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    Hollywood Insider Oscar Snubs, Academy Awards Mistakes, Movies, Actors, Actresses, Directors

    Photo: Oscar Snubs

    Happy Awards Season 2021! The biggest night in the film industry, the Academy Awards, is not too far off at this point, with preliminary voting already underway, and the official nominations being announced in just one week. The recent Golden Globes (even with all their internal misfires) gave us a general indication of what kinds of films we should expect to be recognized, with the likes of ‘Nomadland, ‘Judas and the Black Messiah’,‘The Trial of the Chicago 7’, ‘Minari’, and ‘Ma Rainey’s Black Bottom’ appearing to be early favorites for the major awards. However, the Academy of Motion Picture Arts and Sciences has been known to differ from the Globes and other Awards shows semi-frequently, often outright snubbing plenty of worthy contenders. Here are some of the worst snubs in Oscar history.

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    The Acting Snubs

    Let’s begin with the acting categories, which most people might be familiar with. The Awards for Best Lead Actor/Actress and Supporting Actor/Actress are often controversial every year, as there are usually 1 or 2 big snubs for deserving celebrities. It’s not always the biggest star who wins these categories, which usually means that a lot of huge names get overlooked, in both the nominations, and the awards themselves. However, this does not excuse some of the shocking snubs that have occurred within the acting categories.

    Pre-New Hollywood Age Acting Snubs

    In the pre-”New Hollywood” Age, Boris Karloff was failed to be nominated for his performance as the titular monster in 1931’s “Frankenstein,” Gloria Swanson lost in 1950 for her legendary role in “Sunset Boulevard,” Anthony Perkins was left off the ballot for his performance in Alfred Hitchcock’s 1960 thriller classic “Psycho,” Anne Bancroft did not win for her classic role in “The Graduate,” and Orson Welles, Marilyn Monroe, Peter O’Toole, and Judy Garland never won Acting Oscars for any of their iconic performances before their deaths.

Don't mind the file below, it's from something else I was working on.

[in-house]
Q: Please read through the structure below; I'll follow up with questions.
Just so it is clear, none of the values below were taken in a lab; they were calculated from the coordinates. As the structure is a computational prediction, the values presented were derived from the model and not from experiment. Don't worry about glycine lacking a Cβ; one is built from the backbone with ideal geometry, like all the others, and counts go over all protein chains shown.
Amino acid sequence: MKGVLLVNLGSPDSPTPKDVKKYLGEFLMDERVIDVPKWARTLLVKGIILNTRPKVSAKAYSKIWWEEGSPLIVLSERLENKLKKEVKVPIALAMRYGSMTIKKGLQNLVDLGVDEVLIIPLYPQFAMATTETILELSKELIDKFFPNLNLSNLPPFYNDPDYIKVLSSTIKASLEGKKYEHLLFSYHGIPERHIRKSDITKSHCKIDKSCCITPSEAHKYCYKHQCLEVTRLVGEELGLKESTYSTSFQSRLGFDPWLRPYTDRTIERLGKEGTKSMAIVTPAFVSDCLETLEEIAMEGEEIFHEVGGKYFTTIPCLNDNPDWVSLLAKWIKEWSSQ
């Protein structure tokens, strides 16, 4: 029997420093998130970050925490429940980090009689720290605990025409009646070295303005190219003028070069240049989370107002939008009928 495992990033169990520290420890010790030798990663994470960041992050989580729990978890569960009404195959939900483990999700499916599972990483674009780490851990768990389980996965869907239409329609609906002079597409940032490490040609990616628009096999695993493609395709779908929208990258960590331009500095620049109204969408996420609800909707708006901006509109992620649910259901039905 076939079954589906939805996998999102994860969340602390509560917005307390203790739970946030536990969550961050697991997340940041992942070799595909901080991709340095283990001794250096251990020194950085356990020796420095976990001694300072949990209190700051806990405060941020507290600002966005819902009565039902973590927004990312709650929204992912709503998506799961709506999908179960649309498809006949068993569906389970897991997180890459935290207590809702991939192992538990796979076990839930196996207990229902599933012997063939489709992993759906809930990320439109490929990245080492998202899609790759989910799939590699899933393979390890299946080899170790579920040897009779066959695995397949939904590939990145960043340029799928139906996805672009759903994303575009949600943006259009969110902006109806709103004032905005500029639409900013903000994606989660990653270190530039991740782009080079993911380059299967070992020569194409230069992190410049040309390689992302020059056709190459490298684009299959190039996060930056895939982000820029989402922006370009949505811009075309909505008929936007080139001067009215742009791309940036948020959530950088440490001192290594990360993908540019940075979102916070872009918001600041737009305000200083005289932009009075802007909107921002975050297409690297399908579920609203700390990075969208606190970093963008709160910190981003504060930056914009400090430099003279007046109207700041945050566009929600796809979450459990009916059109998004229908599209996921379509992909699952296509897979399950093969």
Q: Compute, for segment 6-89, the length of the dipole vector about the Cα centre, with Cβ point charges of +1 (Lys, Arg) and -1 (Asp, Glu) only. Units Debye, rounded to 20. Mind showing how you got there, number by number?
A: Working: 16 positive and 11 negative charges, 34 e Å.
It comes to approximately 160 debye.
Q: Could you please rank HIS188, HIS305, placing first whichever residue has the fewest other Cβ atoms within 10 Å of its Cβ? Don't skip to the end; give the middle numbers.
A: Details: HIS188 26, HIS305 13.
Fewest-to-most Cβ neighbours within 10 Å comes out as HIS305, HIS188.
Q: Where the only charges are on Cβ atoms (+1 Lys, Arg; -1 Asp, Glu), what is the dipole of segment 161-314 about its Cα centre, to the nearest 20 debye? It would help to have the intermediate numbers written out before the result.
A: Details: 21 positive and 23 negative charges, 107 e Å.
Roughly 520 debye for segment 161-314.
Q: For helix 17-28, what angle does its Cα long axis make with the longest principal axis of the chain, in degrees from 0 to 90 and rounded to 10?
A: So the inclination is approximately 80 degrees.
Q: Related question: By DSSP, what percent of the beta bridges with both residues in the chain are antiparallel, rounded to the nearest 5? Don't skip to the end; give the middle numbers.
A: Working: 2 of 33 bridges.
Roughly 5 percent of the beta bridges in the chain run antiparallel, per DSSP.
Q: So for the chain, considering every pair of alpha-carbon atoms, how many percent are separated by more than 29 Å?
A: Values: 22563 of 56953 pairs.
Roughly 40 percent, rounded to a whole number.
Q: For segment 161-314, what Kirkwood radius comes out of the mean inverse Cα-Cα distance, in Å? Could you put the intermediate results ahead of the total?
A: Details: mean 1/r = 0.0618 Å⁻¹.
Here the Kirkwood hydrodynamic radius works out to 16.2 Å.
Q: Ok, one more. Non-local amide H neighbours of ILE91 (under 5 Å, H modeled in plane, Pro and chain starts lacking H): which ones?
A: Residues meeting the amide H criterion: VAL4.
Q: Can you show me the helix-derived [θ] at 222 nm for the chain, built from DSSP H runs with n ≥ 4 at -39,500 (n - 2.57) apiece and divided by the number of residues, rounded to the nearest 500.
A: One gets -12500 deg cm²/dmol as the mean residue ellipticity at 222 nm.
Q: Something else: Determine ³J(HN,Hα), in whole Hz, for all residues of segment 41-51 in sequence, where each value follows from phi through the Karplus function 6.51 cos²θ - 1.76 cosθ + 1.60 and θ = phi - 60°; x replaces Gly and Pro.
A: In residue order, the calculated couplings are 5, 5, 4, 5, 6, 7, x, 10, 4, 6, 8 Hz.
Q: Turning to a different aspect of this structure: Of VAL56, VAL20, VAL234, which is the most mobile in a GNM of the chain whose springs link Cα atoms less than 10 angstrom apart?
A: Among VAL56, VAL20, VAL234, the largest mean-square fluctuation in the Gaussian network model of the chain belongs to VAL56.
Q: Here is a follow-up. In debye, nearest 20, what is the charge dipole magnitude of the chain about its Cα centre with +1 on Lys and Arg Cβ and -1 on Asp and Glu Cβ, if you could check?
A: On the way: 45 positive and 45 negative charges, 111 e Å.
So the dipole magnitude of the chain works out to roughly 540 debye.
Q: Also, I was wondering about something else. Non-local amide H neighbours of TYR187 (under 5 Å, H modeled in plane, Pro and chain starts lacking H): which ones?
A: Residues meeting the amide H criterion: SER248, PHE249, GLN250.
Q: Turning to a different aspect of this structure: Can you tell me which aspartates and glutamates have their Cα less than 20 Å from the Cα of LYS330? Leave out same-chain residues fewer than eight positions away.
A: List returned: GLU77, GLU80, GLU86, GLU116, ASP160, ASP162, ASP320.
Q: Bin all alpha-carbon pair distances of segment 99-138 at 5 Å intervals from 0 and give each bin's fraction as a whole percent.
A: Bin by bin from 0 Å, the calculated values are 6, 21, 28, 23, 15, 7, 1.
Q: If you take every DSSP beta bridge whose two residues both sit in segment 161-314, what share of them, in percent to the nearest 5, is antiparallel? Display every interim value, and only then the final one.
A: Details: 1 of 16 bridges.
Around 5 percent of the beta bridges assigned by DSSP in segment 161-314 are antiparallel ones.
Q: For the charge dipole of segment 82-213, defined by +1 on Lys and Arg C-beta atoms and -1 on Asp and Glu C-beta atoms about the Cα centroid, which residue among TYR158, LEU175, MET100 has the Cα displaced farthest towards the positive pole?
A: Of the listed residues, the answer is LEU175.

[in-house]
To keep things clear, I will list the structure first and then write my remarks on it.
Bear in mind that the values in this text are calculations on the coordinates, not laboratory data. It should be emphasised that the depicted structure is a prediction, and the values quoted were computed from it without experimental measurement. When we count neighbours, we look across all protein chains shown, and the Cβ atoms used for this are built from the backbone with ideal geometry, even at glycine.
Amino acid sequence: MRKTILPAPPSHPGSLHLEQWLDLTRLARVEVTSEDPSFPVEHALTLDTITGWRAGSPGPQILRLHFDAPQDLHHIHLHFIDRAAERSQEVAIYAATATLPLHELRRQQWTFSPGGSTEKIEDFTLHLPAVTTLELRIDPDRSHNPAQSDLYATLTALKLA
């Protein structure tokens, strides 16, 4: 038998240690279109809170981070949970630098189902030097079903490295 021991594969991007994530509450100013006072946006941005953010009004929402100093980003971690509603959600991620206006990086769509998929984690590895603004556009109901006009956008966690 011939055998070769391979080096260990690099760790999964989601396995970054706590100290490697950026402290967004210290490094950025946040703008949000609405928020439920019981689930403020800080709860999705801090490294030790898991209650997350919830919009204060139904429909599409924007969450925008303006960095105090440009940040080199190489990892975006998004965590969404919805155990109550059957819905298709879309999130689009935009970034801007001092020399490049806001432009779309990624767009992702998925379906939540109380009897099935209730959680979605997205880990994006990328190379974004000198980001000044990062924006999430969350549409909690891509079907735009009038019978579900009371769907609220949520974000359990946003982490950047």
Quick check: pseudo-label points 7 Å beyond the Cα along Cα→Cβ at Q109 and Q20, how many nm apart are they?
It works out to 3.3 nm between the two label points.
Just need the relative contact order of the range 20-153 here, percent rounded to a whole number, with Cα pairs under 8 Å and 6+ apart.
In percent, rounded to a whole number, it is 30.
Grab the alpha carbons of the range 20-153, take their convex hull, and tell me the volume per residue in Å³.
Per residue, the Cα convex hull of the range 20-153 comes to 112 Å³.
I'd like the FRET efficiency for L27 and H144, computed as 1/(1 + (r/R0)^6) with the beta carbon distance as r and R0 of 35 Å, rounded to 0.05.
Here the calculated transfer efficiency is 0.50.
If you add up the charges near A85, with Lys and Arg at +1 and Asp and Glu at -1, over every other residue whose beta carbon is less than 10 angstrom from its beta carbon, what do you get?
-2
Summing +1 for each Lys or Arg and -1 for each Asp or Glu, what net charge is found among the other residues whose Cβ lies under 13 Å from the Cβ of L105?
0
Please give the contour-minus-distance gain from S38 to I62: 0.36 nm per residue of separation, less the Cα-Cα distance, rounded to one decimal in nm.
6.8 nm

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    Post-New Hollywood Age

    Since the “New Hollywood” Age, we’ve seen the likes of Al Pacino (“Dog Day Afternoon”), Jack Nicholson (“The Shining”), Harrison Ford (the “Star Wars” and “Blade Runner” franchises), Matthew Broderick (“Ferris Bueller’s Day Off”), Glenn Close (“Fatal Attraction”), Johnny Depp (“Edward Scissorhands” and his various collaborations with Tim Burton), Jake Gyllenhaal (“Zodiac,” “Nightcrawler,” and his work with Denis Villeneuve), Michael Keaton (“Beetlejuice”), the entire cast of “Fight Club” (Edward Norton, Brad Pitt, Helena Bonham Carter, Jared Leto, and Meatloaf), Andy Serkis (for his motion-capture work), Michael B. Jordan (for his work with Ryan Coogler), Awkwafina (“The Farewell”), Christian Bale (his stuff with Nolan, Spielberg, and “American Psycho”), Toni Collette (“Hereditary”), Leonardo DiCaprio (pretty much anything he’s ever been in, besides “The Revenant,” which he finally won for), and Adam Sandler (“Punch-Drunk Love” and “Uncut Gems”) all lose or escape nomination for their performances, some of which are now revered as some of the greatest of all time. Some of these actors have fortunately won in other years, but others are still waiting on their chance, which they may never see.

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    The High Crimes of the Best Director Oscar

    This is just baffling to me. The Best Director Oscar is an incredibly coveted award at the Awards every year, with so many magnificent filmmakers vying for the prize, year-in and year-out. Yet, so many of the most well-respected directors of their times have never won the award, and the names included in this category are absolutely staggering.

    Orson Welles, Alfred Hitchcock, Sidney Lumet, Jean-Luc Godard, Stanley Kubrick, Ingmar Bergman, Robert Altman, Federico Fellini, Howard Hawks, and Sergio Leone all passed away without ever receiving the Golden Statue for their directing work, and living legends like Spike Lee, Christopher Nolan, Terry Gilliam, David Fincher, George Lucas, Sofia Coppola, Quentin Tarantino, Ryan Coogler, Terrence Malick, George Miller, Spike Jonze, Ridley Scott, Mary Harron, David Lynch, Michael Mann, Ari Aster, Denis Villeneuve, Wes and Paul Thomas Anderson, the Safdie Brothers, Claire Denis, Tim Burton, and Ava DuVernay have also all been deprived any formal recognition, with DuVernay, Burton, the Safdies, Denis, and Gilliam having never even received a nomination.